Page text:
Have you noticed all the knowledge sharing and strategies from thought leaders, managers, coaches, and consultants addressing the Upside of the Downturn.
Human potential seminar leaders like Tony Robbins and T. Harv Eker have adjusted their content delivery in recent months to address the Upside of the Downturn. It’s a strategic approach, and it’s more than positive thinking. (Hope alone is not a strategy).
The Value of Volunteering
One strategy that continues to emerge in various forms when examining the Upside of the Downturn is the increased focus given to the VALUE of volunteering.
Like many of you, I started volunteering when I was 14. I worked at one of the first recycling centers in the USA in a small community in northern Illinois 4 nights a week. The proceeds from our efforts helped fund our high school’s symphonic band’s performance at an International Youth Music Festival in Vienna, Austria. Since then I have volunteer with over 25 community organizations and businesses and have served on several boards of directors.
Last week I was invited again to deliver my High-Impact Volunteer Management™ seminar as part of the Performance- Focused Leadership Seminar series for Board Presidents, Directors and Committee Chairs for the California Hispanic Chambers of Commerce (42 chambers total).
Businesses and social-profits alike benefit from volunteer capital. One of the re-occurring challenges most organizations encounter is keeping good volunteers (including board members and committee chairs).
Keeping the Good Ones
As in the private industry, the best way to insure volunteer retention is to adopt a strategic approach with a Volunteer Recruitment and Development Plan in place in your organization or business. This includes targeted recruitment, a solid orientation program, low-cost, no-cost recognition, and a performance management/professional development plan in place that includes on-going feedback and performance reviews.
So what is the best way to develop on-going communication and feedback with volunteers?
It’s the R.A.P. method:
REVIEW the PAST: Take a look at the performance objectives mutually created during the first 30 days of the volunteer’s on-boarding.
ANALYZE the PRESENT: Ask your volunteer what she feels are her major accomplishments in the past (X) months (particularly as they relate to over-arching organizational goals).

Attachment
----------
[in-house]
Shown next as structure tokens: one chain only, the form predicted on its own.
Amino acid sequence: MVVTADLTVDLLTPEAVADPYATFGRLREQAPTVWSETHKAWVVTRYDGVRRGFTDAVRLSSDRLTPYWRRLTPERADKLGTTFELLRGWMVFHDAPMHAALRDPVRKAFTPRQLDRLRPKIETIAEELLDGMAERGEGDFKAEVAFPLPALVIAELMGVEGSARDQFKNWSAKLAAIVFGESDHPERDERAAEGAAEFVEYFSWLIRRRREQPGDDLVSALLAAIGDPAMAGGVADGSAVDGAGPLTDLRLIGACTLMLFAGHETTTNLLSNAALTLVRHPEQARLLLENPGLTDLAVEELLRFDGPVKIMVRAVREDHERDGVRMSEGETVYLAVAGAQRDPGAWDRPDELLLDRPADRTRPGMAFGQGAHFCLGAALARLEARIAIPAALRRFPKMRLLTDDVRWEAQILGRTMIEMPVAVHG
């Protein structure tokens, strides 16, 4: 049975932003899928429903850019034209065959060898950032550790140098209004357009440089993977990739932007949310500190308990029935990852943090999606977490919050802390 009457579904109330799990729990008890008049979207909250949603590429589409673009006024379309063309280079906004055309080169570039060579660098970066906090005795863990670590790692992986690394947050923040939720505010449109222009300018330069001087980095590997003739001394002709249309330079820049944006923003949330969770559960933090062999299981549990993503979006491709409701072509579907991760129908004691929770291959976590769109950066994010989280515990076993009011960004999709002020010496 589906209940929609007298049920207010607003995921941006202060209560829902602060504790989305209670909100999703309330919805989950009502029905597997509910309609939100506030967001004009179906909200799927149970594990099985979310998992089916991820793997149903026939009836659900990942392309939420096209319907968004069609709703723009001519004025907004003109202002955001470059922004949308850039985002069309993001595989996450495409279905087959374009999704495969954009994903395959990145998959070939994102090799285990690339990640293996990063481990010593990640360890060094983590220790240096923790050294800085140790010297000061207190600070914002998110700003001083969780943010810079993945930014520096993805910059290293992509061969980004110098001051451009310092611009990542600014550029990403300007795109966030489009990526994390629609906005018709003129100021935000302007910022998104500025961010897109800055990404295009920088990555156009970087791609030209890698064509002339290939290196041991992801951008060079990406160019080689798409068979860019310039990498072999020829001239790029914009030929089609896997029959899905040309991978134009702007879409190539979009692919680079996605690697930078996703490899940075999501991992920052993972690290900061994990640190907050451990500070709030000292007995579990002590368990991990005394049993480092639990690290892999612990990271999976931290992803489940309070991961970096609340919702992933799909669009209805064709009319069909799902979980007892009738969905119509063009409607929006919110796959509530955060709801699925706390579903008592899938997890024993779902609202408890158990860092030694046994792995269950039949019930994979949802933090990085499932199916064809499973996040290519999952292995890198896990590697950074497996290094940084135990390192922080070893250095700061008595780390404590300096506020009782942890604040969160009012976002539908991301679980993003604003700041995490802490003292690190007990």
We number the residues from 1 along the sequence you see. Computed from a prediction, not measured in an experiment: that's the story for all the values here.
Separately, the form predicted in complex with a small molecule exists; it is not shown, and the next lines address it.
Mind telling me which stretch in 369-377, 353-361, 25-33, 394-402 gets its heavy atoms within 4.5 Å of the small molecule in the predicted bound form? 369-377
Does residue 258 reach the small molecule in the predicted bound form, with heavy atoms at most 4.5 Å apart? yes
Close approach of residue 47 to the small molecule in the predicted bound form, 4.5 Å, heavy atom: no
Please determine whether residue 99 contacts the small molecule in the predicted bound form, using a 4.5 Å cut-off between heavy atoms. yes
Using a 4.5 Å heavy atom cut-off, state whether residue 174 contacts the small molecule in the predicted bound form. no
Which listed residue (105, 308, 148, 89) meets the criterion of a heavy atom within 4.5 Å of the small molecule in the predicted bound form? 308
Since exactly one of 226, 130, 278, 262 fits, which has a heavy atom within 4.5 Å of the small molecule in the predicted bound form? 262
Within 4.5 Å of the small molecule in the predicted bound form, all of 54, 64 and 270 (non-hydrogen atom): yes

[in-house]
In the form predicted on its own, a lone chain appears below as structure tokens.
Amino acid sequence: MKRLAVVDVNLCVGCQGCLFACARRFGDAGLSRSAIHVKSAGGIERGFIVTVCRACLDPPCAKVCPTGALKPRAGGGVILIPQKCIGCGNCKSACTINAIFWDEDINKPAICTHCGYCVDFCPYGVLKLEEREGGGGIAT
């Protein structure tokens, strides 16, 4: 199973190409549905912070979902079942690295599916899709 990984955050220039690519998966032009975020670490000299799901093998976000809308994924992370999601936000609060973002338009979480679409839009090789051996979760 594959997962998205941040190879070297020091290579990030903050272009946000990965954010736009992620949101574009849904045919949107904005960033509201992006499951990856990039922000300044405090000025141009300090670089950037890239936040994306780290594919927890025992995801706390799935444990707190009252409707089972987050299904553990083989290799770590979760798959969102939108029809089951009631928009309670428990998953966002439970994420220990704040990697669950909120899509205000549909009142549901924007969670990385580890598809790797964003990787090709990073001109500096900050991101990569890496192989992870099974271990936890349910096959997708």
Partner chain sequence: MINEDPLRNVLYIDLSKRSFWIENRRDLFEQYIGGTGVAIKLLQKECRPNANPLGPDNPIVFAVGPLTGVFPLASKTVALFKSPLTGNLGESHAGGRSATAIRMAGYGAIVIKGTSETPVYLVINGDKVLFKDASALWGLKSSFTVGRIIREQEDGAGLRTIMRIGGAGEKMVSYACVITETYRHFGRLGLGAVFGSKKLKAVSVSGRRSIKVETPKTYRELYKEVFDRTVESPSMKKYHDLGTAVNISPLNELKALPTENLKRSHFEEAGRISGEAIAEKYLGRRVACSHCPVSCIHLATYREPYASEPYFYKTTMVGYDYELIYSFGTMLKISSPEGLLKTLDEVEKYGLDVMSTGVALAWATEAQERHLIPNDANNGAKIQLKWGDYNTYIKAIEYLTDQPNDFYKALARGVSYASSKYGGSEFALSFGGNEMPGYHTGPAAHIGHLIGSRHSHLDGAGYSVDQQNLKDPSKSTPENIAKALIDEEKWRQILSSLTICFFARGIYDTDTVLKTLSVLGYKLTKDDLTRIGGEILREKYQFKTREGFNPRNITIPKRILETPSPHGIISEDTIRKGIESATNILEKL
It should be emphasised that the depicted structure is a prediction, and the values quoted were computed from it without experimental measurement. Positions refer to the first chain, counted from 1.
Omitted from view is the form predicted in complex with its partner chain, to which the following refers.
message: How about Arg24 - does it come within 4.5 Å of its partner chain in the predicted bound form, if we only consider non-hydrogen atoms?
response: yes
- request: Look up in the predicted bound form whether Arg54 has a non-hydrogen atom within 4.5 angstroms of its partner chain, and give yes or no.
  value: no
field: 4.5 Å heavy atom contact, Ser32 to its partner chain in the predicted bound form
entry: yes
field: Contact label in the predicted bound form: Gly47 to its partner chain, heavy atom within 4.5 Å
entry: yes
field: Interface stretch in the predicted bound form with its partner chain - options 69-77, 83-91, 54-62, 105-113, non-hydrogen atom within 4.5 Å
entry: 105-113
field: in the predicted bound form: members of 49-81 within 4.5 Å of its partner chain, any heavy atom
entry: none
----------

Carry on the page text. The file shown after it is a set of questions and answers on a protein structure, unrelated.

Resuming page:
PLAN the FUTURE: Ask your volunteer what changes/support she would like to see in the future.
If you are wanting to enhance volunteer performance and retention in your organization, be sure you can meet the following needs* of your volunteers:
- I need a sense of belonging.
- I need to be part of the organizational planning of our objectives.
- I need organizational goals and objectives that are clear and obtainable.
- I need to feel that what I am doing has real purpose and contributes to welfare of the organization and community at large.
- I need autonomy and collaboration in setting standards for performance.
- I need to know what is expected of me (not a laundry list of “duties”.)
- I need to have challenging responsibilities within my range of interests and abilities.
- I need feedback about my performance and our progress.
- I need to be kept informed.
- I need to have good rapport with and confidence in the leadership of the organization.
- I need recognition, as it is due.
(The Volunteer Creed, adapted from The Effective Management of Volunteer Programs, Marlene Wilson)
Performance Management is an on-going year-round communication process undertaken in collaboration with a volunteer and her organizational leader(s). With mutual goal setting, on -going communication, individual recognition, and the R.A.P method, your volunteers can become your organization’s greatest evangelists.
Need help developing a High-Impact Volunteer Management Plan for your business, organization, or upcoming event? Please contact me for a complimentary (20- minute) consultation.